Christian social innovation is almost inevitable if you’re open to it. Dan Yoder, a Goshen, Indiana youth minister with a heart for undocumented families, and the teenagers who needed jobs to support them, so he started Casting Hope, worm farm that hires immigrant teenagers to run a worm-casting business for local gardeners… Mike Martin, a youth pastor who re-trained to become a blacksmith after the Sandy Hook shootings, founded RawTools in Colorado Springs—a blacksmith/educational program that turns guns used in violent crimes into garden implements, to fosters awareness of gun violence…Delesslyn Kennebrew turned a sprawling Kansas City home into a retreat center for exhausted pastors…Noran Sanford helped a group of formerly incarcerated teenagers turn a decommissioned prison in North Carolina into a working farm, run by youth themselves. None of these people planned to innovate; all of them loved someone too much not to try a new kind of ministry that might bring them life.
I also love the Catholic youth ministers in Chicago who formed a beard balm company (yes, beard balm) to fund youth ministry in the diocese. (Not kidding…you can check it out here: https://catholicbalm.co/)
Eric Drew: That’s incredible. What do you think is next on the horizon in terms of innovation for churches?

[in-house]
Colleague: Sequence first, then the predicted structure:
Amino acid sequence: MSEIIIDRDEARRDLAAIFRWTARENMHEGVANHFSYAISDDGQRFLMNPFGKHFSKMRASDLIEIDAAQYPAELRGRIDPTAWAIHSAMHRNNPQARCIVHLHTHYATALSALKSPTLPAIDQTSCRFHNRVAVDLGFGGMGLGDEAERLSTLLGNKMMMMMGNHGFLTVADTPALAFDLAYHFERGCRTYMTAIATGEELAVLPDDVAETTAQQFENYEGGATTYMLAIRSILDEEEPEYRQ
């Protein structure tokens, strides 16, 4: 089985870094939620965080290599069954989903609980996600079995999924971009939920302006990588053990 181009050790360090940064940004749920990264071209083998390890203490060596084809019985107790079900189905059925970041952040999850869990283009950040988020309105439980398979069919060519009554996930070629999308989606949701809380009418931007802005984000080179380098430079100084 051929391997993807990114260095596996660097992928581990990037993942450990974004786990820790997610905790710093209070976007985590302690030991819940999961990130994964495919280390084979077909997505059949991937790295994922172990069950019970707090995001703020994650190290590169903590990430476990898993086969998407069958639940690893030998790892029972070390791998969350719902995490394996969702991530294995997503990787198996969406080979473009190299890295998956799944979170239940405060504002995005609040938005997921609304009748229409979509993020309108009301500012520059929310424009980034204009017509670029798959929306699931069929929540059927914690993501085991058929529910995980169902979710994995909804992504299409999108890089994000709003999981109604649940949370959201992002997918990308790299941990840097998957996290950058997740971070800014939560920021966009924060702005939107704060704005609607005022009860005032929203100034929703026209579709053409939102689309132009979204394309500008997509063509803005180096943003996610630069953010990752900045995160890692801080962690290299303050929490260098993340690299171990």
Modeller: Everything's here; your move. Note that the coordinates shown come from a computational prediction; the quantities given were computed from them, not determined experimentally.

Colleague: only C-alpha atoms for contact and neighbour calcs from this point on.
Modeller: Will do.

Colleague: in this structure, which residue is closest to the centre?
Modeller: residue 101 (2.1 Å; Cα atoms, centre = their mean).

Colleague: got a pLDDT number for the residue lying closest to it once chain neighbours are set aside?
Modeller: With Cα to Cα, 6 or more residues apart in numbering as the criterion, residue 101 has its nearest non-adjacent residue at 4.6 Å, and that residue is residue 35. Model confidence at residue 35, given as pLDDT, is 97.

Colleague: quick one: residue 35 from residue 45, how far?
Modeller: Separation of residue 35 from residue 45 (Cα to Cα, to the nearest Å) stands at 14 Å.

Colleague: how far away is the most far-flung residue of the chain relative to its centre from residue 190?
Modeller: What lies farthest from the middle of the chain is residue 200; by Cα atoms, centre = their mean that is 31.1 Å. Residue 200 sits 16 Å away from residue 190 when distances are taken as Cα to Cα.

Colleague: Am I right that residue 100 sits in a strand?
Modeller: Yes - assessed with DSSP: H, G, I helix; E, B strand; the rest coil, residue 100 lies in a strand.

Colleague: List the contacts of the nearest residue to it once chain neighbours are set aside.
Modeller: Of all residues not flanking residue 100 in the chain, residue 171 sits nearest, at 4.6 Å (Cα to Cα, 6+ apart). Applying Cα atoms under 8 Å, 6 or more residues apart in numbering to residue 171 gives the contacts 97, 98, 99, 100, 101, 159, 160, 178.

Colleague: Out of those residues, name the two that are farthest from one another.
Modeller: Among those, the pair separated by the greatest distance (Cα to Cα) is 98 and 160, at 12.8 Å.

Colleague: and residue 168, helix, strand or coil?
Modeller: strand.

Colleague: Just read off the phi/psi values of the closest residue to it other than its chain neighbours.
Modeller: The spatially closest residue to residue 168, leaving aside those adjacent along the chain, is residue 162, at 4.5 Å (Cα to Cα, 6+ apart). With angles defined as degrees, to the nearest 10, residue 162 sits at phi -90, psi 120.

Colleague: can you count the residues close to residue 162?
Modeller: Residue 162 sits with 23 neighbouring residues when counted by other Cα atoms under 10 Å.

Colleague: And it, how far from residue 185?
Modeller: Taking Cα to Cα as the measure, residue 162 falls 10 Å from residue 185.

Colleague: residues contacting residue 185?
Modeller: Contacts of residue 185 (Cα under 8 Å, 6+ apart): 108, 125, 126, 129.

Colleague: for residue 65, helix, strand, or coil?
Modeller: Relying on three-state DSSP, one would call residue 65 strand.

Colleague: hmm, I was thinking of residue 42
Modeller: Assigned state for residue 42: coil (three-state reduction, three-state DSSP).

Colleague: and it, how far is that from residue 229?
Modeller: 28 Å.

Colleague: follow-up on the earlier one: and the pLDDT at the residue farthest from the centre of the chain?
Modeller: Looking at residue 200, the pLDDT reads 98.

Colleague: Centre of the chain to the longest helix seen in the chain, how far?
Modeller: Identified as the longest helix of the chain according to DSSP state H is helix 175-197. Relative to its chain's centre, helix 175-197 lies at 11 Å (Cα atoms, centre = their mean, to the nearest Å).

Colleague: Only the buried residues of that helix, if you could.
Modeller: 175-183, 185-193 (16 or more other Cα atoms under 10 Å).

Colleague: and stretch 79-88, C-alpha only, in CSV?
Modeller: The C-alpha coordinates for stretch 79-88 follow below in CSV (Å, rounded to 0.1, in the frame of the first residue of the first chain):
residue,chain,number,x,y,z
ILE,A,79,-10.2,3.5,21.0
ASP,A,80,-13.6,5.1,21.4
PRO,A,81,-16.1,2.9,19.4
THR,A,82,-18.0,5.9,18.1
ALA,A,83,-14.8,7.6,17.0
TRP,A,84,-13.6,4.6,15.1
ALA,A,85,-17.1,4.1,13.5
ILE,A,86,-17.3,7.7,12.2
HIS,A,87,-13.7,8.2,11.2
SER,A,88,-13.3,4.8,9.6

Kenda Dean: Well, I don’t think most of us are called to make beard balm! One thing I hope is next is that we will stop trying so hard to be innovative. We need to focus on loving well, not on innovating, which is how we get more innovative. So, we have to get to know God and our neighbors deeply. You can’t love someone you don’t know. And when we do know someone, we don’t think, “Now, how can I innovate for them?” We think, “I wonder what will stop their suffering?” That’s why parents are experimental geniuses. Parents will try a million wild ways to alleviate their child’s pain, fail, and try again. They don’t stop until the tears do. It’s not a bad metaphor for the Church.
But in terms of innovation itself? We’ve got to innovate with systems as well as individual ministries. Right now, these ministries are all fragile, and like most start-ups, very dependent on their founders. But what might happen if churches innovated for love in a field of, say, education? Health care? Housing? Gun violence? Anti-racism?
I think the most pressing conversation in Christian social innovation right now is about how churches use their property. We have tons of it, and only a fraction is being used well—and many of us are bleeding resources that we don’t have to maintain it. But we need to see our property and assets as a blessing, not a burden, even as we redistribute it. In the United Methodist Church, asset redeployment is the biggest opportunity we’ve had for ministry since class meetings…if we have the courage and vision to do it well.